Hans Willem Bentinck, 1st Earl of Portland (1649-1709) was the closest confidant of William III and arguably the most important politician in Williamite Britain. Beginning his career in 1664 as page to William of Orange, his fortunes gained momentum with the Prince's rise to power in The Netherlands and Britain, emerging as William's favourite at court from the 1670s onwards. Taking a broadly chronological approach, the central concern of this book is not simply to provide a biographical account of Portland's life, but to explore wider political themes within a European context. By analysing Portland's role within William's government it shows how royal favourites could still wield considerable influence on European events and help shape royal policy, particularly with regard to foreign policy. By engaging with the question of why such a figure emerged, this study helps illuminate the workings of William's government and the central role of his foreign entourage. Drawing from archival material in England, Scotland, France and The Netherlands, it ties the history of post-Revolution Britain with political events in the Netherlands. It also analyses Anglo-Dutch political relations during the crucial period of the Nine Years War, Britain's first major commitment to a continental war since the sixteenth century. In so doing it connects Dutch and British historiography and significantly contributes to our understanding of British politics during the 1690s, both domestically and within an international context.
Table of Contents
Contents: Introduction; The making of a favourite (1649-85); 'For religion and liberty'? The crises of 1688; The consolidation of the Williamite Settlement (1689-91); 'Lord Portland takes all': the re-emergence of the favourite; 'The spirit of contention': politics and parties; 'The great affair': war on the continent; Ganymede: the image of the favourite; 'Arcana Imperii': war and peace (1697-1700); The vestiges of power (1697-1709); Conclusion; Bibliography; Index.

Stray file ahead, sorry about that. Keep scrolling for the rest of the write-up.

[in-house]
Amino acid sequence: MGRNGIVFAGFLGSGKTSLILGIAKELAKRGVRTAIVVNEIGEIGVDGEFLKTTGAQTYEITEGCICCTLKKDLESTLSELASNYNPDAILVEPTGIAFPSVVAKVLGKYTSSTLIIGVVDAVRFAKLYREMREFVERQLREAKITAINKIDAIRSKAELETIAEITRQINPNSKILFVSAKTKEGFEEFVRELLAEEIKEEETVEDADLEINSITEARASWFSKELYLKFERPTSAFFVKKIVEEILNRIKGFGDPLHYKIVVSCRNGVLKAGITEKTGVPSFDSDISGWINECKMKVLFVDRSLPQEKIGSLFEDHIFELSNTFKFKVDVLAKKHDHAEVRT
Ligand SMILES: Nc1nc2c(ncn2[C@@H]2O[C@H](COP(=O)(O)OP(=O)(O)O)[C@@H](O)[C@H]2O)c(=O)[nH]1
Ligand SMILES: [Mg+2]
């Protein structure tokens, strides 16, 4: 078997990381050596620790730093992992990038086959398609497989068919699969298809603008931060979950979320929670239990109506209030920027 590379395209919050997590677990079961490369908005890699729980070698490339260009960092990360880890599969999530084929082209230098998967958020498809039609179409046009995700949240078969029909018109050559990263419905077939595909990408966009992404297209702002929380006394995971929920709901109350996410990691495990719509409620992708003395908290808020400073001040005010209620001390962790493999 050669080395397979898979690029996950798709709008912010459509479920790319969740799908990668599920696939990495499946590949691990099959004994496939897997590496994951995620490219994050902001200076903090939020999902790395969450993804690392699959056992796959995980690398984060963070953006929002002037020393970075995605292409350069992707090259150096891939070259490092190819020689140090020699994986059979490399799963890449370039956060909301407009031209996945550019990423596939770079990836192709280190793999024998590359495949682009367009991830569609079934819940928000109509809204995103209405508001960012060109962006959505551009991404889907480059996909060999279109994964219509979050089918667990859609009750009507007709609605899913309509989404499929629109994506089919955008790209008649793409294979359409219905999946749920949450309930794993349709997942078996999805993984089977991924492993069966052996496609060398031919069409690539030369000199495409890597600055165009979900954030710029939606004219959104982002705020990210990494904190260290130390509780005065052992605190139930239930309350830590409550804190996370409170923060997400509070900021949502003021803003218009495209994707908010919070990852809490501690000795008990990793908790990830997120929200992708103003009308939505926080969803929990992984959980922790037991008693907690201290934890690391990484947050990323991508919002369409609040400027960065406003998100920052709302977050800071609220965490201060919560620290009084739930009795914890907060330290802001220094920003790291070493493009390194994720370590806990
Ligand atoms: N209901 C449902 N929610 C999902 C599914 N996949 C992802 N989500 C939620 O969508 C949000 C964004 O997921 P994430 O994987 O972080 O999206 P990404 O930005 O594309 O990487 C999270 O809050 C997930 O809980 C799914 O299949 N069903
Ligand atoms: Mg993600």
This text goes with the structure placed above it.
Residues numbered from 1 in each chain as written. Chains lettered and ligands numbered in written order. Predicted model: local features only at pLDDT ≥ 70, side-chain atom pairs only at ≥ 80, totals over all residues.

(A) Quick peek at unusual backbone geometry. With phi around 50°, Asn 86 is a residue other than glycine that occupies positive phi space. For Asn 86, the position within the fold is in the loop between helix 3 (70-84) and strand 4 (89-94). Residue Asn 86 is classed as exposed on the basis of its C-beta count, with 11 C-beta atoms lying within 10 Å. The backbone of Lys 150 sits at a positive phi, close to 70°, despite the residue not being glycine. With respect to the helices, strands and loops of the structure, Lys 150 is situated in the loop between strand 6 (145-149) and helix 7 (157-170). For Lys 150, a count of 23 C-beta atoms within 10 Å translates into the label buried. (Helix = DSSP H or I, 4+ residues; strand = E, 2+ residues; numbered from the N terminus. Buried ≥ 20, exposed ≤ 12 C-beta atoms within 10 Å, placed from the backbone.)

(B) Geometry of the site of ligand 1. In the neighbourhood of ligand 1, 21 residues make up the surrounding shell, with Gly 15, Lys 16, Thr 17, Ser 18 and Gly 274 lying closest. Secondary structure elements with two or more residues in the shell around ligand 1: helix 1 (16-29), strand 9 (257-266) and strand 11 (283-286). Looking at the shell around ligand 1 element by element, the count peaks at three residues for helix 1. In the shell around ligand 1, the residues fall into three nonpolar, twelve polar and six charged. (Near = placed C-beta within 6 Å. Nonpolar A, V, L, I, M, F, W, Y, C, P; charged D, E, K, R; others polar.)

'David Onnekink has made an extremely valuable contribution both to broadening and especially deepening our understanding of the impact of King William III’s statecraft. His is an excellent piece of often ground-breaking research, fully vindicating the business of patient work in widely dispersed archives. The Glorious Revolution of 1688-91 which William III master-minded together with his prime confidant, Hans Willem Bentinck, 1st Earl of Portland, operating to begin with from Holland, not only consolidated the British state but also fundamentally changed the political culture of the West, damaging and discrediting absolute monarchy everywhere and setting the stage for Britain's pre-eminence in the eighteenth century. The Glorious Revolution reorganized the governing institutions of Britain itself, as well as British power in Ireland and the Americas and also transformed Britain’s relationship to Europe and altered the balance of power throughout the Western world. Yet, over the decades historians have had great difficulty in properly coming to grips with this vast world-historical event perhaps especially owing to the large amount of widely dispersed but indispensable unpublished as well as published material a not inconsiderable proportion of which is in Dutch. David Onnekink’s book, based on archival research in Holland, Ireland and in Paris as well as Scotland and England, does much to fill the gap. He demonstrates convincingly that vastly important consequences flowed, rather paradoxically, from a court politics which had a number of thoroughly traditional as well as some ’modern’ characteristics. Not the least of the former was the vigorous ’re-emergence of the court-favourite’ in the shape of the mysterious, greedy, deeply unpopular and high-handed Portland. Onnekink’s is indeed the first detailed study ever to focus on, interpret and assess Bentinck’s wide-ranging and unparalleled coordinating role especially in the years 1689-99 in Sc